As always, if you choose to contact a network by email, do so in a courteous manner. PR representatives are far more likely to respond to emails that ask questions politely rather than ones full of rants and vitriol.

Contact Phil Allaway

Tuesday on the Frontstretch:
Five Points to Ponder: Smaller Crowds, Bigger Fights, Ugly Words Left For NASCAR To Chew On
Fact Or Fiction: Calming Down Montoya, Vickers’ Free Pass, And Kyle Busch’s Mistake
Who’s Hot / Who’s Not in NASCAR: Darlington-Dover Edition
Who Will Be Sprint Cup’s Next First-Time Winner?

Southern-Fried Thriller

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Today on the Frontstretch:
Beyond the Cockpit: Alexis DeJoria On The 300 mph Women of the NHRA
A Swan’s Broken Wings Equal NASCAR’s Next Concern?
Thinkin’ Out Loud – The Off Week Season Review
Pace Laps: Swan Racing’s Future, Fast Females and Dropping Out
Sprint Cup Series Facilities Can Build Upon Fan Experience by Looking to Their Roots


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05/10/2011 01:28 AM

Talking NASCAR TV: Is Darrell Waltrip Constantly Biased Towards Busch?

There, FTFY.

05/10/2011 08:13 AM

It’s funny that in the years past we never heard about DW’s love for ‘Junebug’ when that was all he could talk about after Sr’s demise. Or the previous few years, and this year on occasion, when they road the ‘Happy’, and now ‘The Closer’ bandwagon. People bitched when all they talked about was Jimmie. Whenever a guy wins a lot over their favorite driver, “fans” are going to whine.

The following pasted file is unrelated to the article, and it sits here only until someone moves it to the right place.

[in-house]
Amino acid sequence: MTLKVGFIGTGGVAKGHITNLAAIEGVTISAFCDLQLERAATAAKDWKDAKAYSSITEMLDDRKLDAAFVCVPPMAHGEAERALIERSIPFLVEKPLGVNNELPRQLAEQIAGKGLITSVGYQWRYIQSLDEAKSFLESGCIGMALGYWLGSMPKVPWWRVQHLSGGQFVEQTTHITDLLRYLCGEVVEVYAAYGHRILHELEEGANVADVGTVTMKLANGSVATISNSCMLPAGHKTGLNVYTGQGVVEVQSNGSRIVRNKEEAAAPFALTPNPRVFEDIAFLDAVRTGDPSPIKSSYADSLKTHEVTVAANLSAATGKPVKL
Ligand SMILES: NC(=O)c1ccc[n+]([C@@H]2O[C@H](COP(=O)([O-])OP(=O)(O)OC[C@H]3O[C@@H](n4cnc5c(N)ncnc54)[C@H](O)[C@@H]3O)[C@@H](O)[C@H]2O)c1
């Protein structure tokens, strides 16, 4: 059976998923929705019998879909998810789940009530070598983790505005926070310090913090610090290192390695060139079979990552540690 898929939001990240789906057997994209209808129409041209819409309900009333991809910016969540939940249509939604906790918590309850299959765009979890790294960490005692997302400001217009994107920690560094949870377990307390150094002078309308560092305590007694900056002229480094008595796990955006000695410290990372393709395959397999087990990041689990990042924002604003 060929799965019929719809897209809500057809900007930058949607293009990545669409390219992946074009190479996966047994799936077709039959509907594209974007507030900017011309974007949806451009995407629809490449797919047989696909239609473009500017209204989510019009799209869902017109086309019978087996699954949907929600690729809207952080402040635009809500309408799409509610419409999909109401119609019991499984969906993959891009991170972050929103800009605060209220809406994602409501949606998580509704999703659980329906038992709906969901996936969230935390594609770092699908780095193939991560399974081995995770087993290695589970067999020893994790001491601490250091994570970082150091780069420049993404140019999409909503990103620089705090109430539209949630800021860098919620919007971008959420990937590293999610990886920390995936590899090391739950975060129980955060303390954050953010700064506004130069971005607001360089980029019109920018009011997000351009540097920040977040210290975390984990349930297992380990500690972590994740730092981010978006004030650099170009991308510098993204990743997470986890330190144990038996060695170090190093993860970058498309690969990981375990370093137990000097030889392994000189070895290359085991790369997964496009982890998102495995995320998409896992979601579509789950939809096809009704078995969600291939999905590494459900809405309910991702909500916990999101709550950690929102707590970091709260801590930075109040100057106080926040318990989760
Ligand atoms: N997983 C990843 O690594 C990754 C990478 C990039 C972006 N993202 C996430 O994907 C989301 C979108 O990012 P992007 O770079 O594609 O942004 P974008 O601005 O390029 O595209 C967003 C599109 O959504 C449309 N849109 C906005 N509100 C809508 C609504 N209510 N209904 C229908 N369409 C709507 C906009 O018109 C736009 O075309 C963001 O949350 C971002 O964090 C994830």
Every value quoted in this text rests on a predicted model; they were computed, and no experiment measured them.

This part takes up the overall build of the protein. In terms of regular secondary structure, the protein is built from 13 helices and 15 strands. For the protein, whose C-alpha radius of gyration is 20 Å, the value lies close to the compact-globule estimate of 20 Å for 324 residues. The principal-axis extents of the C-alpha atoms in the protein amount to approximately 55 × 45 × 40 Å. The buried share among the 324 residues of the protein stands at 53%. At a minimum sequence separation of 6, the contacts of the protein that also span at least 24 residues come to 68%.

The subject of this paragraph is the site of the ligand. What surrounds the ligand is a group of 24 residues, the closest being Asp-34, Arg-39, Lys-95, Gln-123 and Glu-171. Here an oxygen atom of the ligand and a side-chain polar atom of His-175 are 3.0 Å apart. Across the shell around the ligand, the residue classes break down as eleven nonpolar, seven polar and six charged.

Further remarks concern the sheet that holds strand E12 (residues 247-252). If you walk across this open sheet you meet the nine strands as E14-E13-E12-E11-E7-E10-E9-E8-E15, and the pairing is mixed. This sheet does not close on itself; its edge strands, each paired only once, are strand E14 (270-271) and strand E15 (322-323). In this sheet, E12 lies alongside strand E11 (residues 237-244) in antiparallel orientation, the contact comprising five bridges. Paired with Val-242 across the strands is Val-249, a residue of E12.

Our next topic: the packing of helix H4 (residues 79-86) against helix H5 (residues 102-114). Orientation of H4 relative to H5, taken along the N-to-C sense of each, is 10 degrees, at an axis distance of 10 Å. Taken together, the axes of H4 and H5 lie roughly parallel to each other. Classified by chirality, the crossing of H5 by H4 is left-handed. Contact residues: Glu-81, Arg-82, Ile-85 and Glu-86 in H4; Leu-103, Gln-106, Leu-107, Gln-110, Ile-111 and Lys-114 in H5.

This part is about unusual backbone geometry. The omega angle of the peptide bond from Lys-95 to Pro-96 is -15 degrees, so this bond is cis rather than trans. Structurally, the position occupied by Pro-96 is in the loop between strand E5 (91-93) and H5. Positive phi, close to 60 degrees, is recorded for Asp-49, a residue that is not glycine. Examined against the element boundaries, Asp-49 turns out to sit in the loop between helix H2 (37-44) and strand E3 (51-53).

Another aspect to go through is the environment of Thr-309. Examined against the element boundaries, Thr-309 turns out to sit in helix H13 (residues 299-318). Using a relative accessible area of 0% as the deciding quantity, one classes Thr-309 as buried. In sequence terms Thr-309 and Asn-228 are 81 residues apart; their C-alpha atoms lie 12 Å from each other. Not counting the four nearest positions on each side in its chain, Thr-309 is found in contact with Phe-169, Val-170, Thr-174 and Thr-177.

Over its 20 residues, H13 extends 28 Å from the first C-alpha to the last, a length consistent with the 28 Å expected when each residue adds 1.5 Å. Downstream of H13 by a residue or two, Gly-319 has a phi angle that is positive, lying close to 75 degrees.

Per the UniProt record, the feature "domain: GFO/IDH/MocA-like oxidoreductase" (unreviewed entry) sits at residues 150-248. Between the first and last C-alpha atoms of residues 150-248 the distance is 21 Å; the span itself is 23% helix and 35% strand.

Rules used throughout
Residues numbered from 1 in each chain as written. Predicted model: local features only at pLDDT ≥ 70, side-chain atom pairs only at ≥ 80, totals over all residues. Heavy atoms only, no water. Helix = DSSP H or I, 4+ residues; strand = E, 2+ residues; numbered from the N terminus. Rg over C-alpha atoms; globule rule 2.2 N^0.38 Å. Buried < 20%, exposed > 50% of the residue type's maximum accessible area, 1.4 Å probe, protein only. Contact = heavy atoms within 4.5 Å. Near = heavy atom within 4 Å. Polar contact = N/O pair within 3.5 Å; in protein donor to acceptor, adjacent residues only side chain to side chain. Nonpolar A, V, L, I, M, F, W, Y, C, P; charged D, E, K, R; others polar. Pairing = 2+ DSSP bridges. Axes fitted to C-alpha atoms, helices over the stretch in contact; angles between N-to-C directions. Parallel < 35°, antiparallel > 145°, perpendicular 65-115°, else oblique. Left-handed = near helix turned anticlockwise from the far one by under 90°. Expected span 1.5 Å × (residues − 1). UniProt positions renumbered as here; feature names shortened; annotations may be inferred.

05/10/2011 08:22 AM

No, I don’t think that Old DW is biased towards Kyle Bush. He just knows talent when he sees it. GO ROWDY!!!

05/10/2011 08:32 AM

Yes Waltrip is biased. I can’t stand to listen to him and his Busch love fest. I have gained a new respect for Larry Mac; while Waltrip was stumbling around and only able to say ‘I don’t know what happened” Larry Mac was direct and to the point; “he wrecked him”. Waltrip is supposed to provide analysis, not act as a cheerleader. Waltrip needs to go and go soon. He is the absolute worst.

05/10/2011 08:39 AM